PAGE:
But, I can't anymore.
I'm sure that a lot of you are familiar with the show Grey's Anatomy. Well, I am by no means an avid watcher, but tonight I am so glad that I took a nap and now I can't sleep. I was flipping through the channels when I came across Grey's Anatomy and I intended to use it as background noise while checking my blog and facebook.
But it became so much more than that.
I haven't seen much of this episode because I turned it on late, but I do know the jist of one of the stories...
I looked this up on the internet and found another interesting case that was shown on the TODAY show.
Mom's Hug Revives Baby That Was Pronounced Dead
Kangaroo care’ David and Kate were practicing what Australians call “kangaroo care.” Actually, it is widely practiced throughout the world, especially in poorer countries where incubators may not be available for premature babies. An infant is held skin-to-skin to their mother or father, generating heat for the newborn much like a baby kangaroo receives in its mother’s pouch.
Kate had heard of kangaroo care before. “[The baby] comes out of you, and all of a sudden there isn’t the warmth or smell of the mother or the sound of their heartbeat. And so putting him back on my chest was as close to him being inside me where he was safe.”
TODAY Moms: The power of ‘kangaroo care’
Jamie continued to come around as he lay across Kate’s chest. He began grabbing at his mother’s finger, as well as his father’s. And when Kate put a dab of breast milk on her finger, Jamie eagerly accepted it.
Kate finally began to believe her baby was actually alive. “We thought, ‘He’s getting stronger — he’s not dead,’ ” she said. But the family wasn’t getting any encouragement from their doctor. While the Oggs urged hospital personnel to summon him, they were repeatedly told what they were seeing was still just reflex from a baby already declared dead.
Kate Ogg told Curry they had to “fib” to get the doctor to return to her bedside. “We kept saying, ‘He’s doing things dead babies don’t do, you might want to come and see this,’ ” she told Curry.
But the skeptical doctor still didn't return. “So David said, ‘Go and tell him we’ve come to terms with the baby’s death, can he just come and explain it.’ That made him come back.”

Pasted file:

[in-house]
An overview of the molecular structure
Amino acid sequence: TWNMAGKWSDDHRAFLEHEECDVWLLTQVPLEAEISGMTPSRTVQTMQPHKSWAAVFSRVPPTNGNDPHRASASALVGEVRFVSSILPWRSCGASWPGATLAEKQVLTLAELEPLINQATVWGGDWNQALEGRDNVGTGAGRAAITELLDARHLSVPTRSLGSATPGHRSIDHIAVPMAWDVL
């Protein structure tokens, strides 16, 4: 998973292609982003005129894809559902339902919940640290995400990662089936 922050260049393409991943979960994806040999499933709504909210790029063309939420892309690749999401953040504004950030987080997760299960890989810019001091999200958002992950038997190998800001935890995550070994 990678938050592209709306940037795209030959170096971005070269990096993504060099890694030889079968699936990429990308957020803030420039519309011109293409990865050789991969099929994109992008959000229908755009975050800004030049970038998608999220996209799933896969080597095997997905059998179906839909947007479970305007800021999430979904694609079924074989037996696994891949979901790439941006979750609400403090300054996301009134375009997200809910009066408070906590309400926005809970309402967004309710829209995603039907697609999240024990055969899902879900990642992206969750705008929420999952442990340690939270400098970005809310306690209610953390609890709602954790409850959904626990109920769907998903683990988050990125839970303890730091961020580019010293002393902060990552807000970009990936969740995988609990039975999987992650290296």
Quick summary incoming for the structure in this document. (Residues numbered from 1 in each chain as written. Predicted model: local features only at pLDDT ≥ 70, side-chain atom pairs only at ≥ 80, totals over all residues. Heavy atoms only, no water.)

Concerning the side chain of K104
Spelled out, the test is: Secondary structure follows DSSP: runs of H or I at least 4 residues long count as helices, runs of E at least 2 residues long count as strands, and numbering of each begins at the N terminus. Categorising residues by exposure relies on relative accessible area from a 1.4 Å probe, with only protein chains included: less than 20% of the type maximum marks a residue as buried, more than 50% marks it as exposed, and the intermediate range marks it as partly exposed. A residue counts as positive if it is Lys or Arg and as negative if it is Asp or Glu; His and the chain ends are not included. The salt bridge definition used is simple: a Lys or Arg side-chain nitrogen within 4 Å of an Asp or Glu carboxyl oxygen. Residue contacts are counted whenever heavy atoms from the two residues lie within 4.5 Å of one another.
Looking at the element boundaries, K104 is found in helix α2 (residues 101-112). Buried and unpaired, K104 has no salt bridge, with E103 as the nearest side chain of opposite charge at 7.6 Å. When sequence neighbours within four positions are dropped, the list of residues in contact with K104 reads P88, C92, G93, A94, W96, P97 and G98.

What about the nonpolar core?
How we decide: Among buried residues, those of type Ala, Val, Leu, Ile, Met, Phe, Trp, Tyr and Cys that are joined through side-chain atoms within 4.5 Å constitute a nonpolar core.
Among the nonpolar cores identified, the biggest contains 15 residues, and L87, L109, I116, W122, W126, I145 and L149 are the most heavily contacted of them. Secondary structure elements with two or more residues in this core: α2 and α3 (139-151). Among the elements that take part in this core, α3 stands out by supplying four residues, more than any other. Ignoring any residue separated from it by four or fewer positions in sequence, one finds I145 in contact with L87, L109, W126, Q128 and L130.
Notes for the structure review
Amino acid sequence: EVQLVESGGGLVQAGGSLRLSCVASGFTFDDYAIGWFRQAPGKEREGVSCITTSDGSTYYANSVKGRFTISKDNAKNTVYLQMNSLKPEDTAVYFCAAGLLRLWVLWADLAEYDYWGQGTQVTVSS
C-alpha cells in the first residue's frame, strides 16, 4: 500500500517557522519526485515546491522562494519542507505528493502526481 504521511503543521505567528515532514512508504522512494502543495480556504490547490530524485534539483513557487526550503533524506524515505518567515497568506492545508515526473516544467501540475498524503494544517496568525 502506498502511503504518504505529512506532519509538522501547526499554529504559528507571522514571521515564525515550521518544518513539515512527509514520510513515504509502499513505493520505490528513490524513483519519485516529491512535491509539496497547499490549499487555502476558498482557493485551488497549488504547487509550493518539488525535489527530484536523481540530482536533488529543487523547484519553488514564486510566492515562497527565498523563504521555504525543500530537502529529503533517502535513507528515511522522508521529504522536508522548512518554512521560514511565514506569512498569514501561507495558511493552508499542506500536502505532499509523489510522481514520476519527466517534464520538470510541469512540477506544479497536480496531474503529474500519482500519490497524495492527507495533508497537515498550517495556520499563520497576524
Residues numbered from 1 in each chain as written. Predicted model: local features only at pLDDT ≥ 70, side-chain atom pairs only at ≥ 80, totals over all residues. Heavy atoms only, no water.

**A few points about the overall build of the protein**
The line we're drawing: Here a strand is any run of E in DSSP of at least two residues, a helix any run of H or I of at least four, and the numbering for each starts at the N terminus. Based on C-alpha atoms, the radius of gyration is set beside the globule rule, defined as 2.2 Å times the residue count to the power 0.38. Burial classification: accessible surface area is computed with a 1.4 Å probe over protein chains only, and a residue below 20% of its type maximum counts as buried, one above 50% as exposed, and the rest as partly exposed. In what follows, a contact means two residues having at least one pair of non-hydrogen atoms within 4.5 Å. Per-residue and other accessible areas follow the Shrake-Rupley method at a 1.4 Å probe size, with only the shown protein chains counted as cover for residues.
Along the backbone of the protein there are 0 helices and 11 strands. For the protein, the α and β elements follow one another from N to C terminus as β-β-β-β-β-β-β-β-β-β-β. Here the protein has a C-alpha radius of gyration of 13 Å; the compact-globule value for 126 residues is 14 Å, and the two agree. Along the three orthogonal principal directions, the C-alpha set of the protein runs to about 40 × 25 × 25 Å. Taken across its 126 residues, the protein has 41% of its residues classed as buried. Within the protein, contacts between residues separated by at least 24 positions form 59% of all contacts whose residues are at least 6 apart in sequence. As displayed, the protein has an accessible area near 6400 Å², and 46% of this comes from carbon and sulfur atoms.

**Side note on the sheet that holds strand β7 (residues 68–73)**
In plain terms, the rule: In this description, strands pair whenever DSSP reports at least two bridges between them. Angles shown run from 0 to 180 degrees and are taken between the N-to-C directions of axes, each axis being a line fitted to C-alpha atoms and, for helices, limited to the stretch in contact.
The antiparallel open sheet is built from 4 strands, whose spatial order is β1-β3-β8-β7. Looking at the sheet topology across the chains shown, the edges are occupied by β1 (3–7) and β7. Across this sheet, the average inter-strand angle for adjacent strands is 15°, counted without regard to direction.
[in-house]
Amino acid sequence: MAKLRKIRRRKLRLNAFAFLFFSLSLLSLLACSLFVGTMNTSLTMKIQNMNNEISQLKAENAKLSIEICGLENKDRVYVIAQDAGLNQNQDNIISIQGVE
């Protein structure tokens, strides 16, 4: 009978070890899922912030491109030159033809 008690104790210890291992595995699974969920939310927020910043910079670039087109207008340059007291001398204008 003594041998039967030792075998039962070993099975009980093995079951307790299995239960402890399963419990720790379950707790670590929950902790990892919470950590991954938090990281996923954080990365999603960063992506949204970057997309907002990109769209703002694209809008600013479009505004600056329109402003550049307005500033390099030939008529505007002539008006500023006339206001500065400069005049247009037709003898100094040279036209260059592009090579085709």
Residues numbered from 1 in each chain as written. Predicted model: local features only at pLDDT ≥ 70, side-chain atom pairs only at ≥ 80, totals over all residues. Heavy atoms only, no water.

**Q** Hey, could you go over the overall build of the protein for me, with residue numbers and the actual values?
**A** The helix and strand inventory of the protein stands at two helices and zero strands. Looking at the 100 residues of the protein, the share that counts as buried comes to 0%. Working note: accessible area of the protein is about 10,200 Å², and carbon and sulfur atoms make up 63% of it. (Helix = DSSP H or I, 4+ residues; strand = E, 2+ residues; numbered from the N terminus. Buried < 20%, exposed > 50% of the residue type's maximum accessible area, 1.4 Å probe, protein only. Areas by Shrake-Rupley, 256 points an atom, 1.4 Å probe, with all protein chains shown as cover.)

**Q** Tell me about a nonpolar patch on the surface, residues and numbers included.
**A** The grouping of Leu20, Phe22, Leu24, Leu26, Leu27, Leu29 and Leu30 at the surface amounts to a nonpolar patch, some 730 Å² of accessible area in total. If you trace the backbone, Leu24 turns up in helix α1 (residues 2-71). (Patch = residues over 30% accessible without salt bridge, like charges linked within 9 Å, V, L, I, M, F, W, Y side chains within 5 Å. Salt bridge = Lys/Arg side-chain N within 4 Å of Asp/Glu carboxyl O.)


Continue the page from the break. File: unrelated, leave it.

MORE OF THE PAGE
Kate Ogg told the London Daily Mail the doctor was in disbelief when he arrived back at the bedside. “He got a stethoscope, listened to Jamie’s chest and just kept shaking his head. He said, ‘I don’t believe it, I don’t believe it.’
Dr. Lisa Eiland of the Weill Cornell Medical Center in New York City told NBC News there may actually be a good grounding in science for what seemed like a miracle. “What’s important is the warmth that the mother provides and the stimulation that the baby may have received from hearing the mother’s heartbeat,” Eiland said. “So those are all things that may have helped the baby in terms of going down the path to living as opposed to the path of death.”
For his part, David Ogg gives all the credit to his “very strong, very smart wife” for the family’s now being able to enjoy raising Jamie right along with his sister Emily.
“She instinctively did what she did,” Ogg told The Daily Mail. “If she hadn’t have done that, then Jamie probably wouldn’t be here.”
I have never been so grateful that I haven't been able to sleep. These two stories just spoke to my heart, in a big way! I think that even though Kangaroo Care is used on babies, it is still so relevant as we grow older. It is so true that sometimes all we need to revive ourselves is to know that somebody is there and somebody loves us. After hitting rock bottom and dying a little inside, once we know that someone is there for us and that unconditional love is present in our lives, we can be brought back to life. I am so thankful for the people that have shown me the love I need to survive, to thrive, to live.